Arts/Culture

6 Incredible Travel Books to Delve Into

The masterful telling of an iconic journey will take you places, spark your imagination, and inspire grandiose plans. Celebrating the essence of exploration is, in itself, a celebration of humankind and the world. Great travel stories prompt longing gazes at suitcases and plans for peregrination by whatever means possible; a train journey, an overland expedition, a short weekend jaunt, or a long-haul flight to the exotic. Setting aside differences in style and genre, these six gripping travel books incite an incredible sense of discovery through the wayfarer’s eyes.

6. On the Road, Jack Kerouac

Jack Kerouac’s best-selling and legendary novel On the Road is enough to tilt the scales in favor of a life exactly there: permanently on the road. Anyone with a healthy sense of wanderlust should read this iconic classic and follow Kerouac and the Beatniks on a series of road trips across the United States following WWII. Sal Paradise is the narrator of the book (Jack himself of course) who easily transports an imaginative reader from the streets of New York, into San Francisco, and onto Los Angeles with plenty of drugs, poetry, and jazz along the way. There’s an added momentum given to the book by Dean Moriarty, who has an insatiable zest for life. This hitch-hiking, high jinks extravaganza is a compelling part of travel literature and shouldn’t be missed for the richness of the characters and inspiration of the experiences they seek.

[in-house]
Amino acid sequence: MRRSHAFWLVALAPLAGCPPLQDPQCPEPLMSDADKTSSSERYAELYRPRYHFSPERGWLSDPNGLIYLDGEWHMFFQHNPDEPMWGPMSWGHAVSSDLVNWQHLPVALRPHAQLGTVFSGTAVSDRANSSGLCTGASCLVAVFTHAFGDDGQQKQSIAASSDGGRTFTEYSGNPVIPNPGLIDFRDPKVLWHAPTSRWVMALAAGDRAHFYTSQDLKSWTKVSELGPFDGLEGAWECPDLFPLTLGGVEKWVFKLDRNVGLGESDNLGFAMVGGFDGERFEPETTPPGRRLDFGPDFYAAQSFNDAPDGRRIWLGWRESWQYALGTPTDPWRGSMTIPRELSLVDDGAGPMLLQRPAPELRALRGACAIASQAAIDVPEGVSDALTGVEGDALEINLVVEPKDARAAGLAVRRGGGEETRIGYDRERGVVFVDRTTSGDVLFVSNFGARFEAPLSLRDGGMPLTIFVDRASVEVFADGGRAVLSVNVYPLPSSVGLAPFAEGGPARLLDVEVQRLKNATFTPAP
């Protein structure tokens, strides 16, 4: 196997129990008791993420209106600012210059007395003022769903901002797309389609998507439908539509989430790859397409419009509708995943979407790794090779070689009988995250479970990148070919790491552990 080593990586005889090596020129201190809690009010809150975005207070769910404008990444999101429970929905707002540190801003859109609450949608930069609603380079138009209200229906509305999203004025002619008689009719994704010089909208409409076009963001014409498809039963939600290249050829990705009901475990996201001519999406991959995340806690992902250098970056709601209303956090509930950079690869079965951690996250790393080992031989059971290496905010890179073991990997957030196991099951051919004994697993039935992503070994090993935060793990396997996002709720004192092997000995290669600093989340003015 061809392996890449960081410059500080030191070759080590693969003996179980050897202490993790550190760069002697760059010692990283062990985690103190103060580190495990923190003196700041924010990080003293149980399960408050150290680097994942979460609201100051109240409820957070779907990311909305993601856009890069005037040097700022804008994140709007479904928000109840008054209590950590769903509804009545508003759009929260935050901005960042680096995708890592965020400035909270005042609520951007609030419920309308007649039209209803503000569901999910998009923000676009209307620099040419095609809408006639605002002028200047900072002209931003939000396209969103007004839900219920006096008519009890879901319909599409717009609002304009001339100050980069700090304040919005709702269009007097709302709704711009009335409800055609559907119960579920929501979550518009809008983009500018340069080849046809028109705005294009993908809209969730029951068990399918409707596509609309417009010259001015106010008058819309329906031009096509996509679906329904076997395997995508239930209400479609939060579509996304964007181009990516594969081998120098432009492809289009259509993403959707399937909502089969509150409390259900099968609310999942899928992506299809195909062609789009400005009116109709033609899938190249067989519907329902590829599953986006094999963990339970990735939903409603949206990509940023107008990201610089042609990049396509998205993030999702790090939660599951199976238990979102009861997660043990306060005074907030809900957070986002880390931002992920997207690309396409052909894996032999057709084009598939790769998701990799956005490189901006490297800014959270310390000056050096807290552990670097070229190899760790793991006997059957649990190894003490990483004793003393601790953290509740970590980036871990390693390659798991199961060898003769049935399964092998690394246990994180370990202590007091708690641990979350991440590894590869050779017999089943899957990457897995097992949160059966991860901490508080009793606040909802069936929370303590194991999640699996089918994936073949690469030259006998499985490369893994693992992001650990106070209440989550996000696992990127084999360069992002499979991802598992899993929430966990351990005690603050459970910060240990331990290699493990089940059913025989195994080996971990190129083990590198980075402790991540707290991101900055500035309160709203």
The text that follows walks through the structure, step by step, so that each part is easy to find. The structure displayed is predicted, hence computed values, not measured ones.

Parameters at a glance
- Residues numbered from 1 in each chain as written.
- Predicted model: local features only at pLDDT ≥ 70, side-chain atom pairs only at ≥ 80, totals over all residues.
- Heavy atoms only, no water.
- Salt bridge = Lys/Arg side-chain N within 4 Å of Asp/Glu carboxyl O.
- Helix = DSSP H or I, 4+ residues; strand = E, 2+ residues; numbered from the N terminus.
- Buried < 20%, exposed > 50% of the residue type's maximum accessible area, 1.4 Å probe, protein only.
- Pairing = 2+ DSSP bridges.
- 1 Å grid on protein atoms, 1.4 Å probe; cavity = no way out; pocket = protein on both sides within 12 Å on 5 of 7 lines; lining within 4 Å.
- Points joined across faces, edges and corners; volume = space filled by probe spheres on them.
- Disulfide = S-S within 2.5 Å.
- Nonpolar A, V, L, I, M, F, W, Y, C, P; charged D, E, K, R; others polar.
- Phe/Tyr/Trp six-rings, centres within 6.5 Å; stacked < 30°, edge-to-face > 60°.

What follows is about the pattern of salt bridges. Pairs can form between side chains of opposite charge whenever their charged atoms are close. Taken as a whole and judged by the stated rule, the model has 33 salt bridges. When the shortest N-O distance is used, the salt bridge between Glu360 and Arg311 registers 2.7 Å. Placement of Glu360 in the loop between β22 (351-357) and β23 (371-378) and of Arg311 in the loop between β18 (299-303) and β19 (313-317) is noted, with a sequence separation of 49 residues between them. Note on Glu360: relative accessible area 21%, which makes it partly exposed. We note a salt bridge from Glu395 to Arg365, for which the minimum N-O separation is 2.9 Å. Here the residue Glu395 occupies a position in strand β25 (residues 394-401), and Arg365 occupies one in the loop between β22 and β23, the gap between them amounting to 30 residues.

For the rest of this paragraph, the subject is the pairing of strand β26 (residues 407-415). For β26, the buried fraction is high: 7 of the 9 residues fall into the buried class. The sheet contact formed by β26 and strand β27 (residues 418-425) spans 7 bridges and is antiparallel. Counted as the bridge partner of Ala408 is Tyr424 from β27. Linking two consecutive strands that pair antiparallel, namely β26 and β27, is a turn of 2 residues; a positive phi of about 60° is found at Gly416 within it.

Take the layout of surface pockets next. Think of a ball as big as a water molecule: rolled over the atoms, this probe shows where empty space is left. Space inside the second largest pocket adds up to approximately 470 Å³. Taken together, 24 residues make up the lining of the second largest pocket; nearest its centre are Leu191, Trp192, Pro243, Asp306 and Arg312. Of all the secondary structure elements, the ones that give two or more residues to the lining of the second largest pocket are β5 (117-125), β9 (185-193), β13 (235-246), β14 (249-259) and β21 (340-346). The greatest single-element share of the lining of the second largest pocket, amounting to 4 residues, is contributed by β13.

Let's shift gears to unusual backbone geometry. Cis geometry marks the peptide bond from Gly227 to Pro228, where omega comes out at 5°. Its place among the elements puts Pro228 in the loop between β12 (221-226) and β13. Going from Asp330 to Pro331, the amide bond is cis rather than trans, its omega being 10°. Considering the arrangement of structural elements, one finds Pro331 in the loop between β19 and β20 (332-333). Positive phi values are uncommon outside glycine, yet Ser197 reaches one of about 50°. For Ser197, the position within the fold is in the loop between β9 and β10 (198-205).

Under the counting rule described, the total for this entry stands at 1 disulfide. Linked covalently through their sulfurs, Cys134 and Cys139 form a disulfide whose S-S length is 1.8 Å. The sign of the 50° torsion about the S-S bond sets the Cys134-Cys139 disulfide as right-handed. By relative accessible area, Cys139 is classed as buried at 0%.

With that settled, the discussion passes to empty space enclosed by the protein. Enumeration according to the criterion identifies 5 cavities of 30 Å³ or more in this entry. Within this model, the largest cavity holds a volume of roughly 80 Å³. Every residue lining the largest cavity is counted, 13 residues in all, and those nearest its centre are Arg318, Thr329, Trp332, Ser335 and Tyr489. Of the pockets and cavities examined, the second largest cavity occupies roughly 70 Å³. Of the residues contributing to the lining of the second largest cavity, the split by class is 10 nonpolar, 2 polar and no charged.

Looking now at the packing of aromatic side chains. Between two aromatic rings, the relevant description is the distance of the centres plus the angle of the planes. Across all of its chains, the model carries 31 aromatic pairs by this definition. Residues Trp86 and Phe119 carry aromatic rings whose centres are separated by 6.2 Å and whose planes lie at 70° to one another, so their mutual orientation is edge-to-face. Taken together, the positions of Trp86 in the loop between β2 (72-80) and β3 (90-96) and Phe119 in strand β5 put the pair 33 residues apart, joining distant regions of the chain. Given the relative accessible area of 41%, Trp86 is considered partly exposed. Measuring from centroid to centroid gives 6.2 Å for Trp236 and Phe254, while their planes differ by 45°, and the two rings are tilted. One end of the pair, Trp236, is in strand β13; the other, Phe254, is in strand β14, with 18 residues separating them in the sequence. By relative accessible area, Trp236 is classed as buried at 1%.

5. The Beach, Alex Garland

Your window to London and Thailand, the Beach is a cagey page-turner following an unconventional and undercover island-dwelling expat community taking up residence in Southeast Asia. The story unfolds as it maneuvers through a medium mimicking off-the-cuff culture of pseudo-enlightened backpackers fixated on sunbathing and reality-altering drugs but also honoring the true essence of exploration. The expats discover an ostensibly idyllic island paradise within a national park in Thailand where the protagonist quickly discovers self-discipline and utopia is easier to cultivate than it is to sustain when external restraints are absent. Not many writers so perfectly describe the enchanting beauty of a sunrise or adrenaline rush of diving from a cliff as Garland, who paints his prose expertly. The book is entirely seductive, with its portrayal of ideal travel cautiously balancing the innocent hypocrisies of the Western expatriate crowd delving into the East’s exotic backdrop.

4. Daughter of Fortune, Isabel Allende

Allende conceived an engaging and formidable character in Eliza, who navigates a perilous but spirited journey on a ship’s hold–chasing love–only to arrive in the turbulent streets of San Francisco, filled with an unpredictable crowd of rough men and keen prostitutes–her doctor friend Tao Chien is her savior, guiding her to a new life of independence and her eventual conquest of freedom. The two main and captivating characters, adopted Eliza Summers and her Chinese doctor, are drawn into a enigmatic Californian adventure in the middle of the Gold Rush of 1848. Astoundingly skillful at illustrating detailed scenes along the streets, her chronicle of boomtown San Francisco, with its deluge of crowds from around the globe feverishly dreaming of riches, is enough in itself to alight the imagination of any globetrotter who has wandered into a entirely foreign backdrop for the first time.